U.S. Markets open in 6 hrs 1 min

A simple guide to exactly how the United Nations is funded

Amanda Shendruk
United Nations Secretary General Guterres speaks during the opening of the 2019 United Nations Climate Action Summit at U.N. headquarters in New York City, New York, U.S.

In 2017, the the United Nations’ revenue totaled US $53.2 billion. It’s the most recent year for which there is data, and is roughly the same amount as Lebanon’s GDP that year. With that kind of money floating around, it pays to understand at least the basics of how the UN is financed.

The UN is funded primarily by member countries.

The United Nations has 193 member states, all of which pay yearly into the organization. Those payments are called contributions, and are divided into two types: assessed and voluntary. Assessed contributions are mandatory.

Voluntary contributions are made at the discretion of each state. Most voluntary contributions are earmarked by the country for use toward a particular program or location.

Seventy-four percent of UN funding comes from governments. But there are a handful of non-state organizations that also contribute. They include the European Commission, which committed $2.7 billion in 2017, and the Bill and Melinda Gates Foundation, which volunteered $300 million.

The United States is by far the largest funder.

In 2017, the United States contributed more than $10 billion to the United Nations, which is roughly one-fifth of the organization’s entire budget. This means the US is responsible for a significant portion of many UN agencies’ funds. Hence, when the country threatens to pull financing for an agency, the UN listens.

Mandatory payments are determined with a controversial equation.

Member states are required to pay into both the UN general budget, which runs operations, and the peacekeeping budget. Complicated formulas determine the percentage of both budgets each member state must pay. The equations take into consideration a nation’s gross national income, population, and debt burden.

The United States is responsible for paying 22% of the UN’s general budget, and 28% of the peacekeeping budget. As the largest individual funder, the US makes an annual fuss about their required dues. Payments to the general budget are capped at 22%, and the US is the only country to reach that ceiling.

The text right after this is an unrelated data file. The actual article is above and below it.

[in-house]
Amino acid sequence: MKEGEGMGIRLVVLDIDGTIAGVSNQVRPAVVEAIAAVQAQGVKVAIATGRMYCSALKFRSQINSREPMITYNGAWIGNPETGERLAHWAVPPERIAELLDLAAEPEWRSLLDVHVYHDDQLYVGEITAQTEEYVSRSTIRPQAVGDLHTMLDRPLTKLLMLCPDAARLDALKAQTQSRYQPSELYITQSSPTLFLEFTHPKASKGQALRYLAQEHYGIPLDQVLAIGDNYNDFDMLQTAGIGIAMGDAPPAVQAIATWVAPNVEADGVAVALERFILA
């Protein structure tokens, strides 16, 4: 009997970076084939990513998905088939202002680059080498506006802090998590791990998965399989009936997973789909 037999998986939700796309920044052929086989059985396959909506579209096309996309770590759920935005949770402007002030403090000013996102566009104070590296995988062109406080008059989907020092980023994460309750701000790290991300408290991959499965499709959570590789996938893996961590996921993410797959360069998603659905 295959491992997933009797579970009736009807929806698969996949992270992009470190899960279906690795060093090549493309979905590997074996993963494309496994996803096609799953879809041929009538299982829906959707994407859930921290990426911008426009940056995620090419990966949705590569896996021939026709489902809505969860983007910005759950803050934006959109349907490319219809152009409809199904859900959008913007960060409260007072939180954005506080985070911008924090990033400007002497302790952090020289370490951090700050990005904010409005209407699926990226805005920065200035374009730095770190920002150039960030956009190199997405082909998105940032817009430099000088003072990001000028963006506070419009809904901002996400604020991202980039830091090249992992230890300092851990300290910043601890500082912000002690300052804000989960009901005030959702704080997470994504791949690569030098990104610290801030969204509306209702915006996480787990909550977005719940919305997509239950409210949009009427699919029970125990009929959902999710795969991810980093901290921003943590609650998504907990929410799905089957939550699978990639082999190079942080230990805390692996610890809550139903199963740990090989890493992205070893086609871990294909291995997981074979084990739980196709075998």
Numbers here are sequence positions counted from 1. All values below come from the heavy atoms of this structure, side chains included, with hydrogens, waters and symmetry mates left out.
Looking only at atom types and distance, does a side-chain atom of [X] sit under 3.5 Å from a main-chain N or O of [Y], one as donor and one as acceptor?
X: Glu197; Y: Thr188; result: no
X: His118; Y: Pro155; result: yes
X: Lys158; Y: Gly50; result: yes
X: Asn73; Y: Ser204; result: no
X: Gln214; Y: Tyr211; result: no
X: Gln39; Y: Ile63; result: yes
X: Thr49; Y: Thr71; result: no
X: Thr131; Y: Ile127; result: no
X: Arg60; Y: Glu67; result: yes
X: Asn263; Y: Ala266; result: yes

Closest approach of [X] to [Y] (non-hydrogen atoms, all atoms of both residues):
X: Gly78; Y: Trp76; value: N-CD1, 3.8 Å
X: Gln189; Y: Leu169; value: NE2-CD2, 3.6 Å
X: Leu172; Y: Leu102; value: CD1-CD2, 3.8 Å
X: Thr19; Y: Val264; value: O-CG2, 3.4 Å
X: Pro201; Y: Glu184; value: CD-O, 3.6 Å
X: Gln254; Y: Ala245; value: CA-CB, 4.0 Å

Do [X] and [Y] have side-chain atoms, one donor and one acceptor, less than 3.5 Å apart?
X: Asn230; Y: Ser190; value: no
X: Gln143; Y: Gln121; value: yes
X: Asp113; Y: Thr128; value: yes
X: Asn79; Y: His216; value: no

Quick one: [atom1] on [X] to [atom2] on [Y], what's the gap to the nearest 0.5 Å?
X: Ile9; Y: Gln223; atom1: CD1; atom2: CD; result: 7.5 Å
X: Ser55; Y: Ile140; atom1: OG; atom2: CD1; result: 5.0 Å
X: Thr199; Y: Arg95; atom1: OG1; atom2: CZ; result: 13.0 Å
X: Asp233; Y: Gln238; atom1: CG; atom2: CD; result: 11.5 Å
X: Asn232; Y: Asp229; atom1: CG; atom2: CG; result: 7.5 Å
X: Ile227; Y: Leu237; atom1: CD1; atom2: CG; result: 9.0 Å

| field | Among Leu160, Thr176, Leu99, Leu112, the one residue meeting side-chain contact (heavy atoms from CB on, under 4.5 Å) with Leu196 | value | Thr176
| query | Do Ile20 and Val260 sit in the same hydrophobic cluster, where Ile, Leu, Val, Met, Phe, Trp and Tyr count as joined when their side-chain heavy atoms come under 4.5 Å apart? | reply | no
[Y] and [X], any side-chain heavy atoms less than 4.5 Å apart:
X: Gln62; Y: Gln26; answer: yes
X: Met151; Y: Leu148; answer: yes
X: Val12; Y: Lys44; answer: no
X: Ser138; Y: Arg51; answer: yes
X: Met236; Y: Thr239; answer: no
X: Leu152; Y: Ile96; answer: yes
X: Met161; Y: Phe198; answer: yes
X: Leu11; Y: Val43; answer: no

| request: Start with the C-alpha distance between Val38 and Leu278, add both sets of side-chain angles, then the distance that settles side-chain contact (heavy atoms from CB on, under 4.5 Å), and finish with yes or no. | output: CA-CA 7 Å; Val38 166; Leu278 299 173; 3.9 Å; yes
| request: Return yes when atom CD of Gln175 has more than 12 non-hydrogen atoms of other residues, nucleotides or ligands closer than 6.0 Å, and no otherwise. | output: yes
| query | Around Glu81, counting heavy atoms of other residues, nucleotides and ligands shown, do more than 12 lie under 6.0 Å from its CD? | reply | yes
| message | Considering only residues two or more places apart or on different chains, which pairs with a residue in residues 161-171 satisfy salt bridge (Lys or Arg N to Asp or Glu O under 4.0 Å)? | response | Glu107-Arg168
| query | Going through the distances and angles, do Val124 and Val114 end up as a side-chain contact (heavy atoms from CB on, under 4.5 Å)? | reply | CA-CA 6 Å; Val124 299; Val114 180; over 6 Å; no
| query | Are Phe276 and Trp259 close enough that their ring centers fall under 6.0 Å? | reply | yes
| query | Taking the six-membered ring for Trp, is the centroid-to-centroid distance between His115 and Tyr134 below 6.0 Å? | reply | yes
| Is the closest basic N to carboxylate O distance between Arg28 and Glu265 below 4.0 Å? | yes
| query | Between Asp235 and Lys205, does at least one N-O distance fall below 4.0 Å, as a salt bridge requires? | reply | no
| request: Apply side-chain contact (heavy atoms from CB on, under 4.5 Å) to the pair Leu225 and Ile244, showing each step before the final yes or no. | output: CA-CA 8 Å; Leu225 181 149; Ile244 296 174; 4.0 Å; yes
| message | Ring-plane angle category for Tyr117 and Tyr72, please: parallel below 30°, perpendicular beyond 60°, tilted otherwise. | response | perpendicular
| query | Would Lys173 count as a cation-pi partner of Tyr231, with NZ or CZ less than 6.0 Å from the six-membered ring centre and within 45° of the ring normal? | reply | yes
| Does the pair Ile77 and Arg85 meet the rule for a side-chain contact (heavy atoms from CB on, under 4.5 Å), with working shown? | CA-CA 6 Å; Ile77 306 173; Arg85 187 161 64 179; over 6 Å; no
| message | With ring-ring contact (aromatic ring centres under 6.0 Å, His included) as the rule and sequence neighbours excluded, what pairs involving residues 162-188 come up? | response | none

Peacekeeping budget payments aren’t capped by the UN, but they are capped by the US Congress. Though the US share of the peacekeeping budget is 27.89%, Congress capped the portion at 25% in 1994. Since then, Congress has regularly passed special measures to allow the US to pay its full assessed share. Since 2017, however, it has declined to provide funds for more than the 25%, meaning the US hasn’t paid its bill in full to the UN. Since then, the US has accumulated over $500 million of missing payments.

Most of the money goes to the 12 largest UN agencies.

Of the $53.2 billion received by the UN in 2017, 86% went to just 12 agencies. At the top of that list is the Department of Peacekeeping Operations (DPKO), which receives $8.3 billion.

More than 70% of funding is spent in humanitarian and development assistance.

The majority of UN spending is used for promoting human welfare through sustainable development and by providing quick response to disasters. Most of this humanitarian and development assistance happens in developing countries.

In 2017, Africa saw highest UN expenditures of any region. However, the share allocated to Western Asia has grown the most in recent years. In 2015 the region received 17% of funding. By 2017, it had jumped six percentage points to 23%.

 

Sign up for the Quartz Daily Brief, our free daily newsletter with the world’s most important and interesting news.

More stories from Quartz: